By Max H. Stern and Holden Benon
Late last week, the United States Court of Appeals for the Ninth Circuit ruled there was no coverage for the policyholder’s COVID-19-related business interruption loss under the coverage provided by a commercial property policy. See Levy Ad Group, Inc. v. Federal Ins. Co. et al., No. 21-15413 (9th Cir. Mar. 17 2022, applying Nevada law). In reaching its decision that the insured’s economic losses did not constitute “direct physical loss or damage,” the Levy court simply stated it agreed with “the numerous published decisions interpreting nearly identical policy language . . . and unanimously concluding coverage does not exist.”
Levy represents the first appellate authority applying Nevada law ruling to these issues in the COVID-19 context, and we are confident it will not be the last to come down in favor of the insurers. Earlier this month, the Ninth Circuit heard oral arguments in Circus Circus LV, LP v. AIG Specialty Insurance Co., another COVID-19 business interruption case that originates in the Silver State. With Levy now decided, it seems unlikely that Circus Circus will break ranks for the “numerous published decisions” in the insurers’ favor.
If you have any questions regarding the Levy decision, or questions regarding business interruption insurance issues generally, please feel free to contact us. Duane Morris has an extensive insurance coverage practice within the Ninth Circuit states and beyond.
By Max H. Stern and Holden Benon
This week, the California Supreme Court declined to hear the Policyholder’s appeal of the Court of Appeal’s decision in The Inns by the Sea v. California Mutual Ins. Co., which we previously reported on. For those tracking the COVID-19 business interruption appellate landscape, this should come as no surprise. The Court of Appeal’s decision is well-reasoned, and it is aligned with many COVID-19 business interruption decisions across the nation that have reached very similar conclusions. Policyholder attorneys expressed it is “hard to feel hopeful at this point.” We can understand why.
By: Daniel B. Heidtke
In a significant ruling issued less than one week ago, the Supreme Court of Texas adopted a modified form of the “Northfield exception” to the “eight-corners rule” previously set out by the U.S. Court of Appeals for the Fifth Circuit in Northfield Ins. Co. v. Loving Home Care, Inc., 363 F.3d 523 (5th Cir. 2004).
The court in Monroe Guaranty Ins. Co. v. BITCO General Ins. Co., Case No. 21-0232, explained that the practice of looking at extrinsic evidence outside of the four corners of the complaint and four corners of the insurance policy is permissible, in certain circumstances. As explained by the court, those circumstances require that the extrinsic evidence “(1) goes solely to the issue of coverage and does not overlap with the merits of liability; (2) does not contradict facts alleged in the pleading; and (3) conclusively establishes the coverage fact to be proved.”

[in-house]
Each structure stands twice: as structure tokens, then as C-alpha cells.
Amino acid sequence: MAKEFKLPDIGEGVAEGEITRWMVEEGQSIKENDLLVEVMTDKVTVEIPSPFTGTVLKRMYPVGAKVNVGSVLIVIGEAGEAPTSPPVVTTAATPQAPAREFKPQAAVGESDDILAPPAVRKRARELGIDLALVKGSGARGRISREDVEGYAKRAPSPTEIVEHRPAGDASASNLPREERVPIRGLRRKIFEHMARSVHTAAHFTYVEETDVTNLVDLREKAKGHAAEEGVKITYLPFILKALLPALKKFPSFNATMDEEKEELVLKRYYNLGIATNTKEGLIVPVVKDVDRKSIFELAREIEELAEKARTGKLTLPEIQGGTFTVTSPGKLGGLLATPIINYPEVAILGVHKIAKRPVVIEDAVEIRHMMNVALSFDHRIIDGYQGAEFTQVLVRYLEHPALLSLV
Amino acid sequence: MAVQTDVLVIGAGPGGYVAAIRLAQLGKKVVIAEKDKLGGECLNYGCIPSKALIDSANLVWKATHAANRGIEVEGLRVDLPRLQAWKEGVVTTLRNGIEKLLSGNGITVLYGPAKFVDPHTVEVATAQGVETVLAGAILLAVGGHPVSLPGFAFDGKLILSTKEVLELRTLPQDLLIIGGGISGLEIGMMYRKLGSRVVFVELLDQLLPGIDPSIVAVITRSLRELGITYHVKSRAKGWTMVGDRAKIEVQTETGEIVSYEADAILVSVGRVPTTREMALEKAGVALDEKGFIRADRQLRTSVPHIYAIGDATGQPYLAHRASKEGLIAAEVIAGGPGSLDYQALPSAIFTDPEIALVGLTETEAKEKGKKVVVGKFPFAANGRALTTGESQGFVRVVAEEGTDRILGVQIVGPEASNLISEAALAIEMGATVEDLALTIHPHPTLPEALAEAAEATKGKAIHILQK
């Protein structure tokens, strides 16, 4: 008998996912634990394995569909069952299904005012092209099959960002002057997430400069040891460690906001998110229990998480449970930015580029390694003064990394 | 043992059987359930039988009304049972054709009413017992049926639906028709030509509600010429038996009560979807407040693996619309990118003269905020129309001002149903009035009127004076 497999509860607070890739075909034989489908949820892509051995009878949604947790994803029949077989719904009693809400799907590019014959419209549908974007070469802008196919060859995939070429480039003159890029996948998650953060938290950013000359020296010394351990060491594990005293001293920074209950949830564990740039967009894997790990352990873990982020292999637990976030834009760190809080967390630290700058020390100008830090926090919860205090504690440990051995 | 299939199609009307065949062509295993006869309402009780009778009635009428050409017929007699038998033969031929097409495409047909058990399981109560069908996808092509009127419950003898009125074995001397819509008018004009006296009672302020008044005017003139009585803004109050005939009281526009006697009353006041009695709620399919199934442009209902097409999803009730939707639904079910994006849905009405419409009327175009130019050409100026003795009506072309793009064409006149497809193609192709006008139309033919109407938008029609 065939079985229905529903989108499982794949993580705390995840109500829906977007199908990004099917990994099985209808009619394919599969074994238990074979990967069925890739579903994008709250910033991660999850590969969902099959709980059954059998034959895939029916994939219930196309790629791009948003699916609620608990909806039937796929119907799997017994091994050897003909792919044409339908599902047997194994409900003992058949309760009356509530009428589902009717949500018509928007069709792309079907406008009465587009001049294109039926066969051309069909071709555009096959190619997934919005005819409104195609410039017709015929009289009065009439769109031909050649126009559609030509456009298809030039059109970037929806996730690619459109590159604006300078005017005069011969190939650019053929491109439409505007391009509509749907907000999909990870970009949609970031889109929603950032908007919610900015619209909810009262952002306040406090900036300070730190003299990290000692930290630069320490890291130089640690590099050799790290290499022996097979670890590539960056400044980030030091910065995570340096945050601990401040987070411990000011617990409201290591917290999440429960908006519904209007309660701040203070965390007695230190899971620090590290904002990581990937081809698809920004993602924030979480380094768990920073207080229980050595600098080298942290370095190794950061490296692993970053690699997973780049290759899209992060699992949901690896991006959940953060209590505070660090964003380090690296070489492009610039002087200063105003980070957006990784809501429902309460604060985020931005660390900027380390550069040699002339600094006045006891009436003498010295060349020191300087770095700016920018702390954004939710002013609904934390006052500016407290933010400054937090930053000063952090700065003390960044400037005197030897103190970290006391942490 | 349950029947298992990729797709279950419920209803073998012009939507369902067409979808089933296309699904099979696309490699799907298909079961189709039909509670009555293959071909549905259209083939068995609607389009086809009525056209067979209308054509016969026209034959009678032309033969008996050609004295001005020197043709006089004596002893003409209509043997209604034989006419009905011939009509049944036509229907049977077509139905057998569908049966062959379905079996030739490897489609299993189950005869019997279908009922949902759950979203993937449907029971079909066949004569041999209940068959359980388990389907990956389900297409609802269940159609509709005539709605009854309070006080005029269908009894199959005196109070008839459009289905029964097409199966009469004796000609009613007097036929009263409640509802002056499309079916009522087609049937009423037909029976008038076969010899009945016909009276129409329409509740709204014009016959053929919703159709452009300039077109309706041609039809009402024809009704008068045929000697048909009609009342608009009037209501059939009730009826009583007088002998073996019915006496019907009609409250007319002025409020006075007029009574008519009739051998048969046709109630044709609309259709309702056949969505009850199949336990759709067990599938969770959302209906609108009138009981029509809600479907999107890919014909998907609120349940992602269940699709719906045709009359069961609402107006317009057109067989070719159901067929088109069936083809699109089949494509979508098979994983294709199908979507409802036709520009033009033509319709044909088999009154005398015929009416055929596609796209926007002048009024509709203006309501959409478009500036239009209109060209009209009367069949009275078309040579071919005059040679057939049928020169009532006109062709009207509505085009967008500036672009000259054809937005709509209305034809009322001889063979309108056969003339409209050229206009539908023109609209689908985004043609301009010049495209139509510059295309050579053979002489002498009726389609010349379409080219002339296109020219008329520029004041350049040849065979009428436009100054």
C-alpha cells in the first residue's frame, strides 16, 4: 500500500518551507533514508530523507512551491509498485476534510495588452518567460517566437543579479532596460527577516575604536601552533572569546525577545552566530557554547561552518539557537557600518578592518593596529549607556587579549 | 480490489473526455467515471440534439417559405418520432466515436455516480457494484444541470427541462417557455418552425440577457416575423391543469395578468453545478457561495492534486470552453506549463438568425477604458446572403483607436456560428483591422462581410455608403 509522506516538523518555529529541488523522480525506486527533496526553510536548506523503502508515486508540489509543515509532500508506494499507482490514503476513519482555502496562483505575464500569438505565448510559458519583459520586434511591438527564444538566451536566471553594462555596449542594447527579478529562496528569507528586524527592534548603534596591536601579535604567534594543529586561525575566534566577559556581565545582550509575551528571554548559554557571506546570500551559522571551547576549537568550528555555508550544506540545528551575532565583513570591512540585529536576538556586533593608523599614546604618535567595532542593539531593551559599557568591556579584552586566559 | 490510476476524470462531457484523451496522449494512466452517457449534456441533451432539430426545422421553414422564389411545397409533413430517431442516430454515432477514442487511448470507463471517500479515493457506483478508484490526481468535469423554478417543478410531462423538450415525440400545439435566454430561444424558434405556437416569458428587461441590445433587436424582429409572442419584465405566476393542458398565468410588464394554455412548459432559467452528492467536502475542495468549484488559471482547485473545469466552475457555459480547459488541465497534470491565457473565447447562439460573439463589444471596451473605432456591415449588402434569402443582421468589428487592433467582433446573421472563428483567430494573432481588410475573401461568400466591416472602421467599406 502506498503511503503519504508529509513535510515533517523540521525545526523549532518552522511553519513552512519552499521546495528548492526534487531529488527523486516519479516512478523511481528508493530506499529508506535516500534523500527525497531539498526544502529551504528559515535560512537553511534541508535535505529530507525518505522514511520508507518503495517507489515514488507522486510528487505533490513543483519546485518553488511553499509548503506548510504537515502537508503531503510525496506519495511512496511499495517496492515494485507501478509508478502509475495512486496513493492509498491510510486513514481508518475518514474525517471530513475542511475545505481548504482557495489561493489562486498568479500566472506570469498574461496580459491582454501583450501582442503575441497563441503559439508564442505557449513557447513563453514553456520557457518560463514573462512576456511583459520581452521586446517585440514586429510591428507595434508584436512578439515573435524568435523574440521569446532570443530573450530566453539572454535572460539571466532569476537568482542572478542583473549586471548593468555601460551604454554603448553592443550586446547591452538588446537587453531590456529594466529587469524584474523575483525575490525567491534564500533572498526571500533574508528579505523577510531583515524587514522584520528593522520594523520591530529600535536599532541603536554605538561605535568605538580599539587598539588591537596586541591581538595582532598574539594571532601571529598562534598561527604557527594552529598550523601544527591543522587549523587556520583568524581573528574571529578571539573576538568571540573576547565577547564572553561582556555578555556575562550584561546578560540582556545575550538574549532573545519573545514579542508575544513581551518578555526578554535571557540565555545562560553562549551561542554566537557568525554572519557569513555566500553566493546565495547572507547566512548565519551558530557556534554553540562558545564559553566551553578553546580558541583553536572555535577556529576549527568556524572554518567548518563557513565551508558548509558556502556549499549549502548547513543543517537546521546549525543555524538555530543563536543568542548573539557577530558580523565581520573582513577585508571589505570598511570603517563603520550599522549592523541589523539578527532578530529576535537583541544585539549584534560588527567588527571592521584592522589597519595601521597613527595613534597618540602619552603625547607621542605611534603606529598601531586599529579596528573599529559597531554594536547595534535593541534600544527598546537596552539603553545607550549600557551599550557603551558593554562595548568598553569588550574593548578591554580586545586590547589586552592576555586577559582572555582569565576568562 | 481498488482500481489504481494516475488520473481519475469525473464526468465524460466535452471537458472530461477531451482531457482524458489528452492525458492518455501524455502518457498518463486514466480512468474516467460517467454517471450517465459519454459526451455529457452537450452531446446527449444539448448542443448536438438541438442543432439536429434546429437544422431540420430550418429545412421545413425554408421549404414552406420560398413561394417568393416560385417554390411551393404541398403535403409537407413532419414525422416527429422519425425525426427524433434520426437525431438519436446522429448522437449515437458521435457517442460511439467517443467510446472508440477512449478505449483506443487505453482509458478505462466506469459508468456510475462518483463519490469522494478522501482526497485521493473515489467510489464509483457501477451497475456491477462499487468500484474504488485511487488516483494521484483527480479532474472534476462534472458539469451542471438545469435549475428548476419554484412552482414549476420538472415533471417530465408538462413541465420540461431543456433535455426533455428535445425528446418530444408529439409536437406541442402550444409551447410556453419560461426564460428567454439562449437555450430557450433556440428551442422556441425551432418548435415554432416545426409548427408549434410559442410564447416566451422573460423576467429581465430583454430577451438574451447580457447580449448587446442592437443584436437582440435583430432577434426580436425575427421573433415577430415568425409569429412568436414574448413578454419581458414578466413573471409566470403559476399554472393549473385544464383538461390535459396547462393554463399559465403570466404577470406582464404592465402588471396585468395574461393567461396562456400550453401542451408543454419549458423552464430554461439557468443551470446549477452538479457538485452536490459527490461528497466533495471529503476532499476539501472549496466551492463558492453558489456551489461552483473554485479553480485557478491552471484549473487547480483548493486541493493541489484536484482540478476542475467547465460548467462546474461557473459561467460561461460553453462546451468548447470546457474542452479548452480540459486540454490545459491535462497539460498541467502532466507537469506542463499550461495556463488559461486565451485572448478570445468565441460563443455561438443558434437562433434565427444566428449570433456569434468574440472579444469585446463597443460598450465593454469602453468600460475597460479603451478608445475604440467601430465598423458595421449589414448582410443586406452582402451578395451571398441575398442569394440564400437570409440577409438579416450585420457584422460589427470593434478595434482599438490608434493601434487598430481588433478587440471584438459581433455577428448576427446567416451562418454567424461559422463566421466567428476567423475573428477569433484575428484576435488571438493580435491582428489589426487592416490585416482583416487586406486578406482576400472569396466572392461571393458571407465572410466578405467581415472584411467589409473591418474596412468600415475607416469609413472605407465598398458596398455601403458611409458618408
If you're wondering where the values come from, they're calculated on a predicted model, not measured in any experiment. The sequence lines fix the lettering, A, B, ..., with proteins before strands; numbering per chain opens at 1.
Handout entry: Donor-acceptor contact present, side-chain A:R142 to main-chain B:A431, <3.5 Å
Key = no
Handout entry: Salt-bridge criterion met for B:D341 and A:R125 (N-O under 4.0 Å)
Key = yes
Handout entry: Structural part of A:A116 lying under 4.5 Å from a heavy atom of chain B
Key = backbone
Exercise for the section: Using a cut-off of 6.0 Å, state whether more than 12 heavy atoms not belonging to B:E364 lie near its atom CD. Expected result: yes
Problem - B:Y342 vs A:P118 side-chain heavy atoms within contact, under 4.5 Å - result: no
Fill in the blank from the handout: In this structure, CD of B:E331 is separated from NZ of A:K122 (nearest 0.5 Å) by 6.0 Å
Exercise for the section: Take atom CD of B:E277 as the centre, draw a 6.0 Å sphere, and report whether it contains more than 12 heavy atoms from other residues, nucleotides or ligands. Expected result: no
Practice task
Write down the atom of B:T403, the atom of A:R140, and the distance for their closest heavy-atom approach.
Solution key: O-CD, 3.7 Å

Continue reading “Texas Law Allows Courts to Look Beyond Eight-Corners Analysis, Consider Extrinsic Evidence, in Certain Circumstances”
By: Michelle N. Khoury
On January 28, a California federal judge issued a summary judgment ruling that Federal Insurance Company (a Chubb unit) has no duty to defend investment firm TriPacific Capital Advisors LLC in an $8.5 million suit because the contract exclusion in Chubb’s policy precludes coverage for the firm’s liabilities stemming from contractual agreements.
U.S. District Judge James V. Selna of California’s Central District determined that former TriPacific employee Tom Mahathirath’s claims against TriPacific, its affiliated entity, and its president arose out of an agreement over his role, compensation, and bonus calculation.
Continue reading “Chubb Unit Has No Defense Obligation for $8.5 Million Suit, Contract Exclusion in D&O Policy Precludes Coverage”
By: Gina Foran
The Nevada Supreme Court answered two certified questions from the Ninth Circuit: (1) Under Nevada law, does the insured or the insurer have the burden of proving an exception to an exclusion under a policy; and (2) may that party with the burden of proof rely on extrinsic evidence to prove the exception to the exclusion?
The court held that the insured has the burden of proving an exception to an exclusion, aligning with other states such as California and relying on settled Nevada law that the insured has the burden to establish coverage under a policy.